This year, the first six months saw another £7.5bn nominal rise in total public sector spending (which excludes the effects of financial sector interventions). When inflation is taken into account, this does amount to a decline – of 0.43 per cent, compared to 2010.

Yes, total public sector spending, even in real terms, was just 0.43 per cent lower than last year – and still 3.9 per cent higher, in real terms, than in Labour’s final full year in power (2009).

By the end of the current fiscal year, the government’s officially recognised debt – which does not even include many eye-watering, massive liabilities – will top one trillion pounds. It has already reached the equivalent of 61.4 per cent of British GDP. Little wonder that last month’s level of public sector net borrowing – £15.9bn – was an all-time record high for August, despite the government clawing in £2.24bn more in tax than during the same month last year.

Net borrowing has reached £51.5bn in the financial year to date, only slightly down from borrowing of £55.3bn at the same point in last year’s cycle. The billions aren’t going quite as far as they used to, thanks to inflation, but this still looks more like topiary than axe-swinging. The government remains on track to pile more than another £120bn onto the public debt by the end of the year, with some economists doubting if the annual deficit will be cut at all.

The whole piece is essential reading. The bottom line is that the government is still spending like there's no tomorrow, and Britain's growth rates are abysmal.

As I wrote yesterday, the problem isn't austerity, but a failure to make it easier to do business in Britain. George Osborne may have put forward a reasonably convincing plan to cut the deficit (though it seems unlikely that he will eliminate it by 2015), but he and Vince Cable have failed utterly to promote wealth creation in Britain. The Coalition has done pretty well at accountancy, but terribly at economics.

What's to be done? Supply-side reforms like Madsen's would be a good start – let all firms register their employees as self-employed to cut through volumes of regulation and avoid some national insurance. Significant tax simplification should be on the agenda: abolish all tax breaks for everything, and use the money saved to reduce the overall tax burden – particularly for income and corporation taxes. Favouring one sector over another, or one type of firm over another, is ineffective tinkering and hostage to the realities of political lobbying. It distorts the economy and wastes money.

There are other things that can be done – it's not rocket science, but the economy can't be expected to grow with the state as big as it is. Tax cuts and deregulation are needed, and until a pro-market growth agenda that delivers reforms like those is put forward, the government cannot expect a decent recovery. There ain't no such thing as a free lunch.


Ireland has 99 problems, but austerity ain't one

Tyler Cowen reports in on how austerity is affecting Ireland:

Ireland now has had two quarters of considerably stronger than expected growth, it’s now both gnp and gdp [1.1% in Q1 and 1.6% in Q2], and domestic demand (!) is up, and borrowing rates are down, though employment remains miserable. Even I am surprised by the positive signs here (I never bought the doctrine of expansionary fiscal austerity, though I saw austerity as necessary for Ireland)

He follows up with a damning series of quotations from Paul Krugman, who repeatedly predicted that austerity would make Ireland's troubles even worse, but who now claims that he predicted Ireland's recovery all along. Cowen concludes:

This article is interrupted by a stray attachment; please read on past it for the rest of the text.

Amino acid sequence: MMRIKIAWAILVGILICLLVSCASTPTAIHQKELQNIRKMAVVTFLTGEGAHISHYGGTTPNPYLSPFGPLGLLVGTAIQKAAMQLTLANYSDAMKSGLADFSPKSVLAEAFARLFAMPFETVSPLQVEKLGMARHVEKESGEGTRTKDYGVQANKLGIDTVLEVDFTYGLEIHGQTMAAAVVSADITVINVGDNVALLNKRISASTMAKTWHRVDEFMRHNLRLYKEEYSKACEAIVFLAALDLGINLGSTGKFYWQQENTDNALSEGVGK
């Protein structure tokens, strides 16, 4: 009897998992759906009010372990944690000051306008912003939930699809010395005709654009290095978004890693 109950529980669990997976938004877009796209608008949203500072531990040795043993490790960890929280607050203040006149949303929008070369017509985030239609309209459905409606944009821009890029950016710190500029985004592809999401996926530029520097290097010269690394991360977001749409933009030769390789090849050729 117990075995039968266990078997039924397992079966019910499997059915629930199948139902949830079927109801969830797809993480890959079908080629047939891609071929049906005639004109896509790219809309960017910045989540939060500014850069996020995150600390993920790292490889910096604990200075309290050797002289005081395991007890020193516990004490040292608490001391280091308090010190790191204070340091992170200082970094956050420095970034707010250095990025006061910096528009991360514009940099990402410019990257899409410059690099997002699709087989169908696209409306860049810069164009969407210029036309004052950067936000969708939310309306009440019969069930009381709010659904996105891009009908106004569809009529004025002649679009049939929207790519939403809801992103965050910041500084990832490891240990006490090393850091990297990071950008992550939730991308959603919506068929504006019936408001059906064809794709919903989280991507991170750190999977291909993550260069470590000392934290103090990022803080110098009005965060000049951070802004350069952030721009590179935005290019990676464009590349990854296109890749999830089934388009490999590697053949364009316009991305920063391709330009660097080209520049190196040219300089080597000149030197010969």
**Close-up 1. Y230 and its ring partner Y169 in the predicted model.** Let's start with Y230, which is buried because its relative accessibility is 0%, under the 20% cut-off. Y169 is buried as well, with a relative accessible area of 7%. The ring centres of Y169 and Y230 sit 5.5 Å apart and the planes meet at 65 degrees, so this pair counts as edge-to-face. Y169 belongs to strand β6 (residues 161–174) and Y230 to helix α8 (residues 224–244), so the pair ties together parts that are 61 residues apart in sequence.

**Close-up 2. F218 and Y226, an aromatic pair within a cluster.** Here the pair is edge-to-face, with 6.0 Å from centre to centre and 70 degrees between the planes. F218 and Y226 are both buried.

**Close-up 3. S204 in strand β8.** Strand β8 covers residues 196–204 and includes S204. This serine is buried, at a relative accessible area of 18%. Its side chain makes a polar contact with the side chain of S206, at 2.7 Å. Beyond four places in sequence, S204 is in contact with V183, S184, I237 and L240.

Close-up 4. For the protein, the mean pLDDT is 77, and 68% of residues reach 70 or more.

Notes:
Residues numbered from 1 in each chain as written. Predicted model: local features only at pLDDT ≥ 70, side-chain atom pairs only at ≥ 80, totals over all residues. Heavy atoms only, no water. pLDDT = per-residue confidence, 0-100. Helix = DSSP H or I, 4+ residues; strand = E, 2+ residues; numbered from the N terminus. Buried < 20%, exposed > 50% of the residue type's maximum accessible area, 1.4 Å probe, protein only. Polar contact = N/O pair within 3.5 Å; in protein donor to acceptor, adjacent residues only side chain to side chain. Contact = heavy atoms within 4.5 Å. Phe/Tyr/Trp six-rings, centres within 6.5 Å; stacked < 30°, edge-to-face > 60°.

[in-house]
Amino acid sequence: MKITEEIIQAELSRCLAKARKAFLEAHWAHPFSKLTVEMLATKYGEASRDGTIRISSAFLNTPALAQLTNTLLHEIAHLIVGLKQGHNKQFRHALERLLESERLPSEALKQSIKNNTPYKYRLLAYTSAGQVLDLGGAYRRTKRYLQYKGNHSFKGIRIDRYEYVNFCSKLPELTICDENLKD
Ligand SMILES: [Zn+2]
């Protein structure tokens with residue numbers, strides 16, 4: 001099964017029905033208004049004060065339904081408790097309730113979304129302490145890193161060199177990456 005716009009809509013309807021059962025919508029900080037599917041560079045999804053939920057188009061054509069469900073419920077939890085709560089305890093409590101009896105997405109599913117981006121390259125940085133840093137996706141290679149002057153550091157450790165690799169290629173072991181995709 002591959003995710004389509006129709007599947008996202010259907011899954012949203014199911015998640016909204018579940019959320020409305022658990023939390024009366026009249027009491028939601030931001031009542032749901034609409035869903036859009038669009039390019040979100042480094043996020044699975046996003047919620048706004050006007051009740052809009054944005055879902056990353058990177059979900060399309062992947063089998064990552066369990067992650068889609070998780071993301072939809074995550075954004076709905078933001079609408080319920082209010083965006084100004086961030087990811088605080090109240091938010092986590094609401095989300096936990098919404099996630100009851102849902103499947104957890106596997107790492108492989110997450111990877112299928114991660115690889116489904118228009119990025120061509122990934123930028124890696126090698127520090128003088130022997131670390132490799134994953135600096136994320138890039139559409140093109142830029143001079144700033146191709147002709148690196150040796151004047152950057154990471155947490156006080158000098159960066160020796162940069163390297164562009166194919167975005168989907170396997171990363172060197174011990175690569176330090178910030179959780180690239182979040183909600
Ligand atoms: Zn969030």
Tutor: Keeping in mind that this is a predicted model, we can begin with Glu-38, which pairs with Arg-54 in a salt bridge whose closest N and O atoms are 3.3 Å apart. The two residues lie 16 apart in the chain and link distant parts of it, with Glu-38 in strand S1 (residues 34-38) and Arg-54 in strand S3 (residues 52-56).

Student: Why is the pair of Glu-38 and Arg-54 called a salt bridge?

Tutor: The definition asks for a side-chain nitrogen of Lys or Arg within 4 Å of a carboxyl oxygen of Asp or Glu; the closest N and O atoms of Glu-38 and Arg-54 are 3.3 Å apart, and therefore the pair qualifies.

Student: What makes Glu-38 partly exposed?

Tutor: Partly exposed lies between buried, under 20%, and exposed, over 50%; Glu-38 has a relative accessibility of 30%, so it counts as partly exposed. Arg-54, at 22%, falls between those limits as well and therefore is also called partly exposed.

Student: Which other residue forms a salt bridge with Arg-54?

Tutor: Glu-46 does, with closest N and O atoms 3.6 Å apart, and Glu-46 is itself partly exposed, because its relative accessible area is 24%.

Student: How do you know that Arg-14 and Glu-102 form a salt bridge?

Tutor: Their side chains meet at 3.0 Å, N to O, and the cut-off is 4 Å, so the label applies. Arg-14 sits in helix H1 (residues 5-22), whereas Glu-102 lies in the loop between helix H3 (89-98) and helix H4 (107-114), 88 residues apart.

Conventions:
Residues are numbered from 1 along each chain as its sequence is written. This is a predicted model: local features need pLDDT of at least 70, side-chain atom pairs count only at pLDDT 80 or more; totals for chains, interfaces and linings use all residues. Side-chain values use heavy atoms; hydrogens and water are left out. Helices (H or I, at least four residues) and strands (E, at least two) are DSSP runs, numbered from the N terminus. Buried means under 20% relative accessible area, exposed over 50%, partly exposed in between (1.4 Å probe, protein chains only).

You still don’t have to believe that immediate fiscal contractions are expansionary; in general they’re not, but you can still have been wrong about Ireland. The simplest lesson to at least try on is that internal devaluation sometimes does better on the AD side than we are inclined to think, or that real factors mattered more than expected, or a bit of both. Or try Karl Smith’s ideas. It’s not all about the downward spiral, although this was one scenario laid out in Keynes. We should and will await more data, not to mention data revisions, but in the meantime it is correct to be surprised by the much-better-than-expected Irish growth performance, and at a difficult global time at that; you can’t claim the American and European growth locomotives pulled them out of the slump. This expert on the Irish economy offers a sector-by-sector breakdown of the new numbers and he too admits he was surprised.

The basic point here is that Ireland has done surprisingly well out of austerity – far better than anybody hoped. But the Irish economy is still on life-support and its debt-to-GDP ratio is expected to reach 115% next year. Constantin Gurgdiev, an Irish-based economist who has been one of the few clear thinkers throughout Ireland's crisis, estimates that total public and private debt levels in Ireland are 494% of GNP. As the recession continues, mass mortgage defaults – possibly bailed out by taxpayers – grow ever more likely. And it's hard to know if Ireland can avoid default after Greece finally does so.

But, for the UK, the crucial point is that austerity has not produced the results for Ireland that most Keynesians predicted. One ray of light for Ireland was Twitter's decision to locate its international HQ in Dublin, despite intense lobbying from the Coalition government to locate in London. British growth is sluggish, but so is that of "stimulated" America. It looks like the key to growth is not government spending, but ease of doing business. It's a pity the Chancellor and the rest of the Coalition only know half that story.


Austrian economics doesn't have to be complicated

Douglas Carswell had a good piece up on his blog recently about “bailout-and-borrow” economics, and the prevailing fallacy that artificially increasing demand leads to growth. He points out that despite the $1 trillion stimulus failure in America and the failure of the Greek bailout,

Today Washington is preparing yet another $400 billion bailout, while the Bank of England is preparing to print £100 billion to give to the banks.